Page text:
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Is Your Website Ready for the Mobile Web?

Posted on Jan 12th, 2010
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    As the use of cell phones and smart phones expands, so do the number of options for consumers to discover and interact with brands. From web browsing to email to social networking and even shopping, more people are using their cell phones as portable computers. However, most sites are not optimized for hand-held devices such as cell phones.

    There are really two things to consider;  web site design and how customers are going to find the web site through mobile search.

    How do you design for the mobile platform? The good news is that in most cases, you don’t need a separate site, you just need a cascading style sheet (CSS) attached to your website that feeds up specific instructions to a mobile browser. For the most part, mobile browsers are a lot like the web used to be; mainly text and links. Granted, as the iPhone, Google/Android Phones and other more advanced devices come along, the browsing features also advance. Most smart phones like the iPhone view the web as it should be without anything stripped out. But, since everyone doesn’t own a smart phone just yet, it’s worth focusing on the what the mass mobile market has, basic handheld web browsers.

    When designing your CSS for handheld web browsers, here are a few things to consider:

    1. You have very limited screen real estate. About 2×3 inches or so.
    2. All fonts should be in their most basic format. Forget about color and typography.
    3. All images should be striped out, unless they are absolutely necessary.
    4. Remove all advertising as you already have limited screen space.
    5. If you don’t need it, hide it. Remove any Google Friend Connect, Facebook Fan Box or other third party services. Focus on your content.
    6. Remove all background colors. Basic black text on a white background is good.
    7. Create basic forms, if you choose to keep them. My advice would be to remove them and just showcase the phone number. They are on their cell phone after all.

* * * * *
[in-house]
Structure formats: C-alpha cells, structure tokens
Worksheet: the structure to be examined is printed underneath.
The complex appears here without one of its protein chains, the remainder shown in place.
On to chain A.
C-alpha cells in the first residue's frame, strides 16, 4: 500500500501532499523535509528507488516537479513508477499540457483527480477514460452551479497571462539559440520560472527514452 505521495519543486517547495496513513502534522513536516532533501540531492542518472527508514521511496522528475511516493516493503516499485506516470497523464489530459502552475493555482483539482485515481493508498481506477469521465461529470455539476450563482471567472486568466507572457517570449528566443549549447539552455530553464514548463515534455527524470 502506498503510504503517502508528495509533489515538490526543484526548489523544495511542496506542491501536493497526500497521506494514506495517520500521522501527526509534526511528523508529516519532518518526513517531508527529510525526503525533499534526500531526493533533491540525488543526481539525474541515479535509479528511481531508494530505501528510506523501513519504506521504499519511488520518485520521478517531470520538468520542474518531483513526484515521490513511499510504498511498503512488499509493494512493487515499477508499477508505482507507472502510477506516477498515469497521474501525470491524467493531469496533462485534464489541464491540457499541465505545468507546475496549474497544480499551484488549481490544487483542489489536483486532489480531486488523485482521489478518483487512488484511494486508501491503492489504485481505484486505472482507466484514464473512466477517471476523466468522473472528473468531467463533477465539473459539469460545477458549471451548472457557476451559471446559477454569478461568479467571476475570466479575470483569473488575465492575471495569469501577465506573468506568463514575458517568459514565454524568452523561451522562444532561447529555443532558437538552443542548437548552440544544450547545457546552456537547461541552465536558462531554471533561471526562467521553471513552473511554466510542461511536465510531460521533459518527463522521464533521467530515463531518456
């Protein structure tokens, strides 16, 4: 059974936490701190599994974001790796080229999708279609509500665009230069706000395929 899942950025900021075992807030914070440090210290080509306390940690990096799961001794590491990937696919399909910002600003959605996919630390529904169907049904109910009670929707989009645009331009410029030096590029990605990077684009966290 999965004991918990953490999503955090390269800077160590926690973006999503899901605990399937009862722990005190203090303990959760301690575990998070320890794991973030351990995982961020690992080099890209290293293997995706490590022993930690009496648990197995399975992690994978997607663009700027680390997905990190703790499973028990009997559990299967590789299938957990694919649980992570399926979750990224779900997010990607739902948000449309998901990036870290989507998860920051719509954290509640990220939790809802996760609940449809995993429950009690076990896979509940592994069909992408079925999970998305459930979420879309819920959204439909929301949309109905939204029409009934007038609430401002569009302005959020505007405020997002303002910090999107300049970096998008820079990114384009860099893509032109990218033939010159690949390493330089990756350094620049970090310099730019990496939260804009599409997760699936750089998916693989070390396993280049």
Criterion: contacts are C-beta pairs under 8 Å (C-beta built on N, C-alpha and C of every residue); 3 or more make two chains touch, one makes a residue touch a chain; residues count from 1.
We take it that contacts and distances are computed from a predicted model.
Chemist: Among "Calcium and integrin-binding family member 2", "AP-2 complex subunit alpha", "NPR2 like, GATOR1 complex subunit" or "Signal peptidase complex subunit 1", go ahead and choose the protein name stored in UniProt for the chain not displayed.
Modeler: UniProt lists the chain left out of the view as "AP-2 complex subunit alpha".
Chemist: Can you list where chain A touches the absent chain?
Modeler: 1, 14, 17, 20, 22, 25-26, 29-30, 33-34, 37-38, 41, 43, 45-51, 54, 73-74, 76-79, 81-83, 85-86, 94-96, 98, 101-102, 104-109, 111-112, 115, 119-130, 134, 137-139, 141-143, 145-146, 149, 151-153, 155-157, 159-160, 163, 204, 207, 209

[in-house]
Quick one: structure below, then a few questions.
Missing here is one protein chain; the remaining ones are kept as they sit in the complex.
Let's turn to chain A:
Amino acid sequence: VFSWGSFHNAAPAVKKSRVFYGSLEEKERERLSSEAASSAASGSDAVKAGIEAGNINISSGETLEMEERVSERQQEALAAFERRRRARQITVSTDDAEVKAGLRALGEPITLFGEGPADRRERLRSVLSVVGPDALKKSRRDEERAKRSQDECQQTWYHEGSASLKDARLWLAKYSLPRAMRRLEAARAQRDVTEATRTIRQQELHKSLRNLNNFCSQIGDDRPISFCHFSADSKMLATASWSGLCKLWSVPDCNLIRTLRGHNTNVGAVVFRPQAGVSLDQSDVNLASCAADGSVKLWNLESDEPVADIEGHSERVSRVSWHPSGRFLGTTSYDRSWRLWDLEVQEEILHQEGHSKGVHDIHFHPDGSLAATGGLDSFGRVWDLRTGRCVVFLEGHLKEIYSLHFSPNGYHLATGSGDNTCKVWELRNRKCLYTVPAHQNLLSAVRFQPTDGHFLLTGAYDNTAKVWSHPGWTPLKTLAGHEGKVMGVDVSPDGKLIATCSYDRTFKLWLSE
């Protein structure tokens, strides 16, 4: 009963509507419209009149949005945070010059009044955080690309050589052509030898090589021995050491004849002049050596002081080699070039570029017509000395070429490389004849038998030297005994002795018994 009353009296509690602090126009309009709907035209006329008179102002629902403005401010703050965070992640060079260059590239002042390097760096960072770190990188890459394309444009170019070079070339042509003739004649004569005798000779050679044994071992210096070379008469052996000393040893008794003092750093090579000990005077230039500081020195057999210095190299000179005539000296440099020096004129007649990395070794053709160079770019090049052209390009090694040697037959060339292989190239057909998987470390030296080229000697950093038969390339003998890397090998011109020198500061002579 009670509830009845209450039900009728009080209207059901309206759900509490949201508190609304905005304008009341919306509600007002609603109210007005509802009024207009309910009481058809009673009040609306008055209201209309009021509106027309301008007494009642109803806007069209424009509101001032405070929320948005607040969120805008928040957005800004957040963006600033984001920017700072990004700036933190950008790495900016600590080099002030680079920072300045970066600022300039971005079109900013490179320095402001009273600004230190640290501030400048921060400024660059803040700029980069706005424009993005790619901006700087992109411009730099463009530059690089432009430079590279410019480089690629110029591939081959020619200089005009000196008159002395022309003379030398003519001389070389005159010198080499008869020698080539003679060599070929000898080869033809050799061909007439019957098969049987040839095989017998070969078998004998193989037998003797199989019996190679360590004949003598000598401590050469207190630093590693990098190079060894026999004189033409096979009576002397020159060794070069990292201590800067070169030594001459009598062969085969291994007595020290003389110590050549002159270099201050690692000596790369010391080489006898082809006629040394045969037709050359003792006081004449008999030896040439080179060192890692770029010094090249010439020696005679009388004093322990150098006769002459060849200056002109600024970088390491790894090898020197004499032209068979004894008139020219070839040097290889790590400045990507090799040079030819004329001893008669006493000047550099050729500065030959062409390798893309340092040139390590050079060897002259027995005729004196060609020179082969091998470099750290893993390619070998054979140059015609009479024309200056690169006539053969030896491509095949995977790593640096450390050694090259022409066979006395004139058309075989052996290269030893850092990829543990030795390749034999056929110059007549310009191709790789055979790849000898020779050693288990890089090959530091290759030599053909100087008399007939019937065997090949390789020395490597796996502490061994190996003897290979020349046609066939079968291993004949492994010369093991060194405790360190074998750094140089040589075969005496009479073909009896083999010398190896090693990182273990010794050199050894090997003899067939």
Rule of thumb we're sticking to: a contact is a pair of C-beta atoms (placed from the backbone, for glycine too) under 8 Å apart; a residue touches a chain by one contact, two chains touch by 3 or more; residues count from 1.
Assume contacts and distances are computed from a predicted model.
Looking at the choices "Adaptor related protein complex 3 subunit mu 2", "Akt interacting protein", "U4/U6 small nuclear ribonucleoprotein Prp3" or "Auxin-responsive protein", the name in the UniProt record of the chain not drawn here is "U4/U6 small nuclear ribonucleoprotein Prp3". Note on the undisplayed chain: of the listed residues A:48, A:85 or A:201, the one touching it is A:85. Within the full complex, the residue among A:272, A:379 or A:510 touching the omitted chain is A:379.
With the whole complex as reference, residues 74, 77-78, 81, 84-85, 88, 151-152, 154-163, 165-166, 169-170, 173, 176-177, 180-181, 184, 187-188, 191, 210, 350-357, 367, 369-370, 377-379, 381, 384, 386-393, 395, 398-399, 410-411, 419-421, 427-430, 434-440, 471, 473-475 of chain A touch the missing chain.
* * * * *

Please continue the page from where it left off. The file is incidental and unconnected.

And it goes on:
8. Remove Flash, Java and any plug-in content unless absolutely necessary.
    9. All in all, simplify.

    If you run a WordPress blog, you can use a WPtouch iPhone Theme plug-in to automatically create a small-screen friendly version of your blog.

    If you want to view your site as if you were on a mobile browser, here are a few choices:

    • Web Developer extension for Firefox. It allows you to overwrite the web style sheet with the handheld one if a site has one. If not, it’ll just show the site without any CSS styles.
    • iPhone simulator called iPhoney. It looks cool, but since the iPhone really doesn’t render a striped down version of a site, it’s more of a toy.
    • Opera Mini browser. There is an online version and it’s free. Simply put in a URL and it’ll render a website as if it was on a mobile phone.

    From my testing, the Opera Mini browser was a great experience. It has a small screen, shows handheld versions of style sheets and all in all, it does a great job at giving you what a real phone will show. Here is my before having a handheld CSS and after experiences on the Opera Mini browser.


    So where does SEO fall into all of this? Is there a separate ranking algorithm for mobile devices? No, not from what I can see.  While smart phone users can type or speak their search queries, the sort order rankings are fairly consistent between a search on a phone and a search on a computer.

    Here’s an example with Google search on an iPhone and at

    The best way to ensure you are found on mobile devices is to make sure your site is in all the local search directories with full and accurate profiles. Places like Google Local and Yahoo local probably receive more traffic from users who want to find business in a certain area. When I’ve used my phone to search the web, I was searching for specific businesses to visit.  Social networking through mobile is also popular and through links, can drive web site traffic. A combination of search and social is the direction where I see the bulk of mobile traffic going.

    Mobile search is an area of the Internet that is finally heating up which is supported by predictions made by eMarketer. Some marketers are putting a lot of stock into mobile marketing as cell phones and smart phones become more widespread and offer more capabilities. However, site owners are not always taking those platforms into account. To ensure your site is mobile ready, get listed in local directories and add a handheld CSS file to your site. These two easy items are a great start for optimizing your site for handheld web browsers.